The Church of England

The Church of England is the Established Church in England, and the Mother Church of the Anglican Communion, covering 160 countries. It is organised into two Provinces. The northern Province is led by the Primate, the Archbishop of York, and the southern by the Primate of all England, the Archbishop of Canterbury. Each Province is made up of Dioceses, of which there are 43 in England. These Dioceses are divided into Parishes overseen by Parish Priests, assisted by Curates. Her Majesty the Queen is the Supreme Governor of the Church of England. Her Majesty appoints Archbishops, Bishops and Deans of Cathedrals on the advice of the Prime Minister. The Church is episcopally led with 108 Bishops and synodically governed. The General Synod of the Church of England is elected from laity and clergy of every diocese and meets at least twice a year in London or York to consider legislation for the Church.

Since AD.200 there have been Christians in Britain. Christianity became the dominant religion through the joining of Celtic Christianity with missions from Rome led by St Augustine in 597. Throughout times of war, peace and famine, the Church took a crucial role in the development of society. This culminated in the elevation of Cardinal Wolsey as Henry VIII's principal minister. Henry VIII desire for a male heir, and for Anne Boleyn, caused him to petition the Pope for an annulment of his marriage to Katherine of Aragon. The Pope at the time was besieged in Rome by Katherine's nephew and was therefore unable to grant the annulment. Henry therefore proclaimed himself Supreme Head of the Church of England. This led to the Church of England existing separately from Rome, although its Bishops have always been consecrated in unbroken succession from St Peter and it kept its adherence to the Catholic Creeds. People are sometimes surprised that the word ‘Protestant’ exists nowhere in the Book of Common Prayer.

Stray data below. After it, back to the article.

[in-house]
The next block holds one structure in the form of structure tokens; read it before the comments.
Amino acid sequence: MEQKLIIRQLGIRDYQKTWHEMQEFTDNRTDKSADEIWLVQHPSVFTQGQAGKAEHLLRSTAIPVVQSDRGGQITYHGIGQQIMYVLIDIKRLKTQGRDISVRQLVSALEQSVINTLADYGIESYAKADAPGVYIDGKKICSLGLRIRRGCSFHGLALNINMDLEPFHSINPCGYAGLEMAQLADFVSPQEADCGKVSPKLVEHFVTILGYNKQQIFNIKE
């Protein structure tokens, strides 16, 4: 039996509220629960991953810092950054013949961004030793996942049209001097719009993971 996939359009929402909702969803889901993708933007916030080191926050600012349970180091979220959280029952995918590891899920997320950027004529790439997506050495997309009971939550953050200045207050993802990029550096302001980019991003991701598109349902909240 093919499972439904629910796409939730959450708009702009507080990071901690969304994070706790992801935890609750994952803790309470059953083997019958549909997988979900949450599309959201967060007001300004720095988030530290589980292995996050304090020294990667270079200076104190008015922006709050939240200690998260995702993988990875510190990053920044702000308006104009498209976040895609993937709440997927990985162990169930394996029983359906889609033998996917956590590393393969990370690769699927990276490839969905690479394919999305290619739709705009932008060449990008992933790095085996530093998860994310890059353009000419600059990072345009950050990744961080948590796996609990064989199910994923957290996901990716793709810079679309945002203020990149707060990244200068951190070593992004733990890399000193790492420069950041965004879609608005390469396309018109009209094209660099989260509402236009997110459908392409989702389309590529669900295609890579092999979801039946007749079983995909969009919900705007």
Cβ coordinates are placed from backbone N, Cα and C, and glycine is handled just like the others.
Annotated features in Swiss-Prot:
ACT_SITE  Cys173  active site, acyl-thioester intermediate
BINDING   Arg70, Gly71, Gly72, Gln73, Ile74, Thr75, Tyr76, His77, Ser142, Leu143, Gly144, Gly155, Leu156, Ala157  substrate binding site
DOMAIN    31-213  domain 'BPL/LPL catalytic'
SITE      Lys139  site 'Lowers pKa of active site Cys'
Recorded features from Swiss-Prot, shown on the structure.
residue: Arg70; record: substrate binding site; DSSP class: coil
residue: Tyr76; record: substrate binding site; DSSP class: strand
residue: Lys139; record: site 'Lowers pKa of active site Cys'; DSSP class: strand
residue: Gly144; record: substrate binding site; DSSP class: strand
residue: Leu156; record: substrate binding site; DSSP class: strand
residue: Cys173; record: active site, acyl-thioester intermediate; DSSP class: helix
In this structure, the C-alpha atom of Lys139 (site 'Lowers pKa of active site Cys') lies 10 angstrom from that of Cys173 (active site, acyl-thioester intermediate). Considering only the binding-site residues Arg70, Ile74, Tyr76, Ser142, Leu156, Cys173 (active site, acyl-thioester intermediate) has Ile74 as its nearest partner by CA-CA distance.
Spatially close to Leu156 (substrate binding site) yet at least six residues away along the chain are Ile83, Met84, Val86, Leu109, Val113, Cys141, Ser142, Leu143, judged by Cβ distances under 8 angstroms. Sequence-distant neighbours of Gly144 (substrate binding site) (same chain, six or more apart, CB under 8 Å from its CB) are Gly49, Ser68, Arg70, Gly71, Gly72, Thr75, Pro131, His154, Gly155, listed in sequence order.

The foundation of Anglican faith and worship is found within the Scriptures, the Catholic creeds and the tradition of the Church. The Anglican Communion views the Old and New Testaments as the standard and the rule of faith, containing all things necessary for salvation, though the Church of England often suffers from considerable dispute on the interpretation of Scripture. Alongside the Creeds, the Church also observes the two main sacraments ordained by Christ Himself, these being Baptism, and the Lord's Supper or Eucharist, as it is also known.

The Anglican Communion is a worldwide family of churches with more than 70 million members. Following the example and teachings of Jesus Christ, it is committed to proclaiming the good news of the Gospel in the whole of creation. By drawing on scripture, tradition and reason, the Church of England bears witness to the saving work of God in the world through the death and resurrection of his Son.

The Church believes that in Christ the very word and life of God was made flesh and lived on Earth as a human being. Through the Gospel of Christ, we hear the gentle rule of God’s love calling the human heart and mind back to the original relationship of Creator and creature.

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